Sustainability and joy: the power of fun can transform the corporate world
Only when we integrate making money with a sense of purpose and fun can business move to a more sustainable footing
2degrees – 25 April 2013:
Case study: Energy management white paper on behavioural change
If we can change people’s behaviour to become more “aware” of energy to the point where good practice becomes a habit, we can win huge savings in energy costs. On its own, successful behavioural change can yield savings as high as 15-20%. The big question is how do we make sure that we really get everyone’s attention to the point where they become responsible energy managers in their own right? By Phil Dawes, Drumbeat Energy Limited
Greenbiz.com – 6 May 2013:
How UPS makes the business case for sustainability projects
“Everything begins with management and data,” said Patrick Browne, UPS’s UPS’s corporate sustainability program manager, “UPS is no stranger to big data. We use data to drive many aspects of our business.” Data is also a major factor in justifying sustainability decisions based on their return on investment. By Jonathan Bardelline
GreenBiz – 18 April 2013:
Unilever’s sustainability program saves $395M since 2008
Unilever has cut more than 1 million tons of CO2 from its manufacturing and logistics operations since 2008, the company announced this week. Reducing greenhouse gas emissions is a central target in Unilever’s high-profile Sustainable Living Plan, which has introduced a raft of eco-efficiency programs that cut the company’s operating costs by $395 million since 2008 — a period over which the company also has grown sales by 26 percent from $54.4 billion to $67.6 billion.
GreenBiz – 17 April 2013:
Can corporations help build a better tomorrow?
Harvard Professor Rebecca Henderson wants to change the conversation. For Henderson, it’s not enough that large corporations have adopted various sustainability measures. Businesses can’t just rest on their laurels. They must bring a deeper passion to the table if they expect to help find solutions to complex environmental problems, she argues.
Henderson’s work at the Harvard Business School focuses on this central issue — how organizations can respond to large-scale technological shifts, such as energy and the environment. By Jennifer Inez Ward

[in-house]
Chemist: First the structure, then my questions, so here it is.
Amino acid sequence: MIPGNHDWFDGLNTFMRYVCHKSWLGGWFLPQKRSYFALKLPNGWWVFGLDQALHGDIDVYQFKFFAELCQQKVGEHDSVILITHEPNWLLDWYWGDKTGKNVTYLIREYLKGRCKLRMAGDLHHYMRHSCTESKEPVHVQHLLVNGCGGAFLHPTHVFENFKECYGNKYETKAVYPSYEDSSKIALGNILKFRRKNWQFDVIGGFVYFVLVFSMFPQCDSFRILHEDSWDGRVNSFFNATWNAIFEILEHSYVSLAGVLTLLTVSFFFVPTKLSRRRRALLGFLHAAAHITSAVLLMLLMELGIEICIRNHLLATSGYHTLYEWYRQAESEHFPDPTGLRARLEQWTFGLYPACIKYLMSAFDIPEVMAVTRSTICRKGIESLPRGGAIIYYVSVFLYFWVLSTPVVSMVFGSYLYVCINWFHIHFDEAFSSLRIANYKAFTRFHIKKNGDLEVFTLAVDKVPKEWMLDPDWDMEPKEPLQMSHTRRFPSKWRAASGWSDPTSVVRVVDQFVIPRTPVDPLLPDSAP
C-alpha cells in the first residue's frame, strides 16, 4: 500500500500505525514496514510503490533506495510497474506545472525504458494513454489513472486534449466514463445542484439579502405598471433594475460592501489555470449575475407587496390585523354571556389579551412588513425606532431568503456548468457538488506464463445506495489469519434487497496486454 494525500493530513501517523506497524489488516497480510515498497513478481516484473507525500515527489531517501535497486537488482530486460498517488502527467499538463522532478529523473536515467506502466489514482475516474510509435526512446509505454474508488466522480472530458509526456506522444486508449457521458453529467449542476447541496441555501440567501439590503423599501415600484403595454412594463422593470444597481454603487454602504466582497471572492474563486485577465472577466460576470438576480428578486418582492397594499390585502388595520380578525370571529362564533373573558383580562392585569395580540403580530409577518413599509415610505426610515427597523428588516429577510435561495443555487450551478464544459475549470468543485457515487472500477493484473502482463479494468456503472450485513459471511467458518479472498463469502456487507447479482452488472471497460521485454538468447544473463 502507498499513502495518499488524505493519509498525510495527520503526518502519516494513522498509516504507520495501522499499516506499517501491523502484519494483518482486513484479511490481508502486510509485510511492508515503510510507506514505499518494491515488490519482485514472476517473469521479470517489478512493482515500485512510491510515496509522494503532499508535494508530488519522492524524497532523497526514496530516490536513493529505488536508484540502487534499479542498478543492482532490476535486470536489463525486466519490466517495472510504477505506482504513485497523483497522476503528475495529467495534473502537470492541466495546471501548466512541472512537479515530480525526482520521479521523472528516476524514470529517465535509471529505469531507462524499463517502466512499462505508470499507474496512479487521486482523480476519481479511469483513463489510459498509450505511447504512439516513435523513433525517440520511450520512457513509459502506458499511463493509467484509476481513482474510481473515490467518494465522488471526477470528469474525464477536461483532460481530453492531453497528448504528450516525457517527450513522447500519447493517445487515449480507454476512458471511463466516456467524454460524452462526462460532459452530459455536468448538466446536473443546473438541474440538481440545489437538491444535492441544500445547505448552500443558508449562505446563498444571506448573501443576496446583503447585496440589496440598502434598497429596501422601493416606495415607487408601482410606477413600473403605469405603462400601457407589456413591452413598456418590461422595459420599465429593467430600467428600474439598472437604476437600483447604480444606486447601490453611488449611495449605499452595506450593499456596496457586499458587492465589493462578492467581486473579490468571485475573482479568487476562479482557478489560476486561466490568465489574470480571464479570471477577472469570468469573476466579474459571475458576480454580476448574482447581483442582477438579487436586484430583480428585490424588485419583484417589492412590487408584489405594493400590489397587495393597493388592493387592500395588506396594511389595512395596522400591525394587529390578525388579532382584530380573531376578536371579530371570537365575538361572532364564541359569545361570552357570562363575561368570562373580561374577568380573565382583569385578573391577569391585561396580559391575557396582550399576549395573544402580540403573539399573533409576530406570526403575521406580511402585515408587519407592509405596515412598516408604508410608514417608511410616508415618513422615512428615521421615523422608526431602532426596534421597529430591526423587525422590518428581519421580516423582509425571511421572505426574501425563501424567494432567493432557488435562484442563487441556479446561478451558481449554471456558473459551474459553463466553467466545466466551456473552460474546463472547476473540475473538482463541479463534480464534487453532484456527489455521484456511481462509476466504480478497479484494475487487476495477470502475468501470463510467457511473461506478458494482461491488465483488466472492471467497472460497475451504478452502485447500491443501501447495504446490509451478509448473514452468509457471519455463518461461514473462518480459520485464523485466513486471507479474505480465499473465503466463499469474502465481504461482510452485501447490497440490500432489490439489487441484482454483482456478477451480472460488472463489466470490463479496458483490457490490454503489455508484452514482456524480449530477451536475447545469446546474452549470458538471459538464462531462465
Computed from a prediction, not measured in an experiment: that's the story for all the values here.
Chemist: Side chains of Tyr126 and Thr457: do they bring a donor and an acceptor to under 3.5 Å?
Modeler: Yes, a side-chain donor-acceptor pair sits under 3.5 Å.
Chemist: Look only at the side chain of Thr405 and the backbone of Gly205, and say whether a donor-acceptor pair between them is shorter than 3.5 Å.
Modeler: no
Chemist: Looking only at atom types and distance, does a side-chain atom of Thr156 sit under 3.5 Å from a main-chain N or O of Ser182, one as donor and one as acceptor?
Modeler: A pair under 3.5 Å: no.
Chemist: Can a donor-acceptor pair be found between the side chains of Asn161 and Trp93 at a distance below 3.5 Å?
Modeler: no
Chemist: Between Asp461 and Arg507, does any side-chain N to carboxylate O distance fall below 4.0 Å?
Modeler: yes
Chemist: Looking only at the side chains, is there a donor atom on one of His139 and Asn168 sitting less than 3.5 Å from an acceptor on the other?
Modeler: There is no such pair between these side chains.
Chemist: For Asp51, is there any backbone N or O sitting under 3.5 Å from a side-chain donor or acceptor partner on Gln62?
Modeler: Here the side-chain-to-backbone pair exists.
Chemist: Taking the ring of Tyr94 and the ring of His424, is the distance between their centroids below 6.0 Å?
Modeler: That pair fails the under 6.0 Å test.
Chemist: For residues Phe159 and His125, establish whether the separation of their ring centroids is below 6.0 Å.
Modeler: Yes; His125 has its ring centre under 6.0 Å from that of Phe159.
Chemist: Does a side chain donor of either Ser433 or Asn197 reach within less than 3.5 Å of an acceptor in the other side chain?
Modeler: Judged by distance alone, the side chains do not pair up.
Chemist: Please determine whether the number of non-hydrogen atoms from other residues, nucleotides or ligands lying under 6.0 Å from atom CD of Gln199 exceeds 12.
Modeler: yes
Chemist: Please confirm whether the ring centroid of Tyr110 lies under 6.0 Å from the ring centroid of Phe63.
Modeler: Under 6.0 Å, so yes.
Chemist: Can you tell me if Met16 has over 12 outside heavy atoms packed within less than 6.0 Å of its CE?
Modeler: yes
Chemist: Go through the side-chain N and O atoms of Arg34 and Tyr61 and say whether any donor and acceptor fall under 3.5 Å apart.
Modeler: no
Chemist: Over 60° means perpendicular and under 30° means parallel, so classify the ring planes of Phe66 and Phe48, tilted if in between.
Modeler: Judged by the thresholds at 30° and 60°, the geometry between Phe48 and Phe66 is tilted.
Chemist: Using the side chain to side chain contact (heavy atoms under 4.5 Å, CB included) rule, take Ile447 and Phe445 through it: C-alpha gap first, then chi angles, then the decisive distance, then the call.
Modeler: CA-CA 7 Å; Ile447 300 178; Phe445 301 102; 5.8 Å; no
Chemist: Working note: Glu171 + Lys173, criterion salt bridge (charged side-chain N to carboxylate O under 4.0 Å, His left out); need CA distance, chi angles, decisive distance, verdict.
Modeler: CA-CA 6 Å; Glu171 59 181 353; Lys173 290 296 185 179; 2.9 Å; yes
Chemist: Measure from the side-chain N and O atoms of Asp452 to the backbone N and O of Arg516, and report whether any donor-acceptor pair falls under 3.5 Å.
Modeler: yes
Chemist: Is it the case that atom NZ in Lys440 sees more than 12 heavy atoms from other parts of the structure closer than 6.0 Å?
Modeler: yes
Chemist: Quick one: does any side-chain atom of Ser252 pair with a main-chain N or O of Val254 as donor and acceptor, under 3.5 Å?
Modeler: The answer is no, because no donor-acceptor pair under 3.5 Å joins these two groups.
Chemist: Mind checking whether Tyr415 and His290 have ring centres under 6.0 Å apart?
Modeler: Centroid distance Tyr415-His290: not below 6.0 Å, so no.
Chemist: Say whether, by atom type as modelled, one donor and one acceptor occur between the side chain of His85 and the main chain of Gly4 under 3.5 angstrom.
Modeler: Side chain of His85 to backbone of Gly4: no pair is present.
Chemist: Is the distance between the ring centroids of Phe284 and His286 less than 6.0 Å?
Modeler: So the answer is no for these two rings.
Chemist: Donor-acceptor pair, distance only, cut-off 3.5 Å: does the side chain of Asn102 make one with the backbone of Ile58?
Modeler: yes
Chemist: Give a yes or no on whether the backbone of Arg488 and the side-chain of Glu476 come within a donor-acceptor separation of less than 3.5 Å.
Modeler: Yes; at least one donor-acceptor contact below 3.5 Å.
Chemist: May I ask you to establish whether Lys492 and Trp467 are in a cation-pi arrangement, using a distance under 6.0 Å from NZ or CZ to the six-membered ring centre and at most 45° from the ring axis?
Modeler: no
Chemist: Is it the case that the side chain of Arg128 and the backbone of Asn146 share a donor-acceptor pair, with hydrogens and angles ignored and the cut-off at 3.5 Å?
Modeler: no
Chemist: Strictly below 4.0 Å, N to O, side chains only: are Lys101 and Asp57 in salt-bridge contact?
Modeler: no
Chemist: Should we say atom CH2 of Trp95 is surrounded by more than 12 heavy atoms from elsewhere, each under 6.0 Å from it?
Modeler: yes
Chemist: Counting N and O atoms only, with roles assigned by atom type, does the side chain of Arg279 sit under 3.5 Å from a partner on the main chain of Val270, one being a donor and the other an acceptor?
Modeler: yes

GreenBiz – 10 April 2013:
Ventura County finds 5 keys to engaging employees
Here are five tips to help you get an engagement program launched or to amp up your existing program. By Deborah Fleischer
The Power of Slogans in Sustainability
Corporate Sustainability – What’s your sustainability slogan? By Amy Malloy
GreenBiz – 28 March 2013:
Why Puma, Natura and Greif track environmental externalities
By Samantha Putt del Pino and Alex Perera
Easy Ways To Go Green – 27 March 2013:
The World’s Greenest Businesses: How They Do It
Going Green in the Working World
GreenBiz – 26 March 2013:
Sprint CEO: Customers not asking for green products
In this Q-and-A with Nina Kruschwitz at MIT Sloan Management Review, Sprint CEO Dan Hesse explains how the company’s strong focus on sustainability is paying off in cost savings and long-term brand image, even if customers aren’t yet paying attention to whether the phones themselves are green. By Nina Kruschwitz
Inspirationfeed – 25 March 2013:
Going Green at the Workplace: 5 Great Ideas that Allow You to Breathe Freely
Making your workplace more environmentally friendly has innumerable benefits. Apart from improving your public image and saving a lot of money, an Eco friendly workplace helps lure Eco conscious customers who are concerned about green business practices. By Igor Ovsyannykov
Forbes – 20 March 2013:
Google explains why the future of energy is green
Google isn’t investing billions into clean energy projects only to feel good and make employees happy. The company is doing it because the bottomline results are supported by data. By Michael Kanellos
The Guardian – 20 March 2013:
Aligning sustainability and profit: what are the barriers?
Major companies are starting to recognise that managing and mitigating environmental risks can boost profits but more must follow suit. By Andrew Steer
Greener Ideal – 19 March 2013:
A Few Ways to Make Your Retail Business More Eco-Friendly
For any business to do their part to protect the planet and, as a result, reasonably succeed as a retailer of products and ideas, it must be aware of how its products and practices affect the world we live in. Fortunately, there are many things that a business can do to be more eco-friendly, here are three.
Techbubbles – 18 March 2013:
Making sustainability your business
A shift in thinking has taken place in the past few years; businesses are becoming more aware of their carbon footprint, and are striving to reinforce their environmental credentials, to find ways to care for the environment, minimise their impact and even win business. By David Lear, executive director, corporate sustainability, Dell
GreenBiz – 14 January 2013:
5 ways to make your business (more) bike friendly
Bike friendliness has become serious business – for innovative corporations. The League of American Bicyclists recognizes companies with “Bicycle Friendly Business” awards. The latest round includes some of the world’s largest, most respected companies, like Facebook, Apple, Hewlett Packard and Williams-Sonoma. By Amy Harcourt
League of American Bicyclists
GreenBiz – 14 January 2013:
Why companies and investors see the risks in climate
Article adabpted from the book ‘A Newer World: Politics, Money, Technology, and What’s Really Being Done to Solve the Climate Crisis’ by William Hewitt, recently published by University of New Hampshire Press.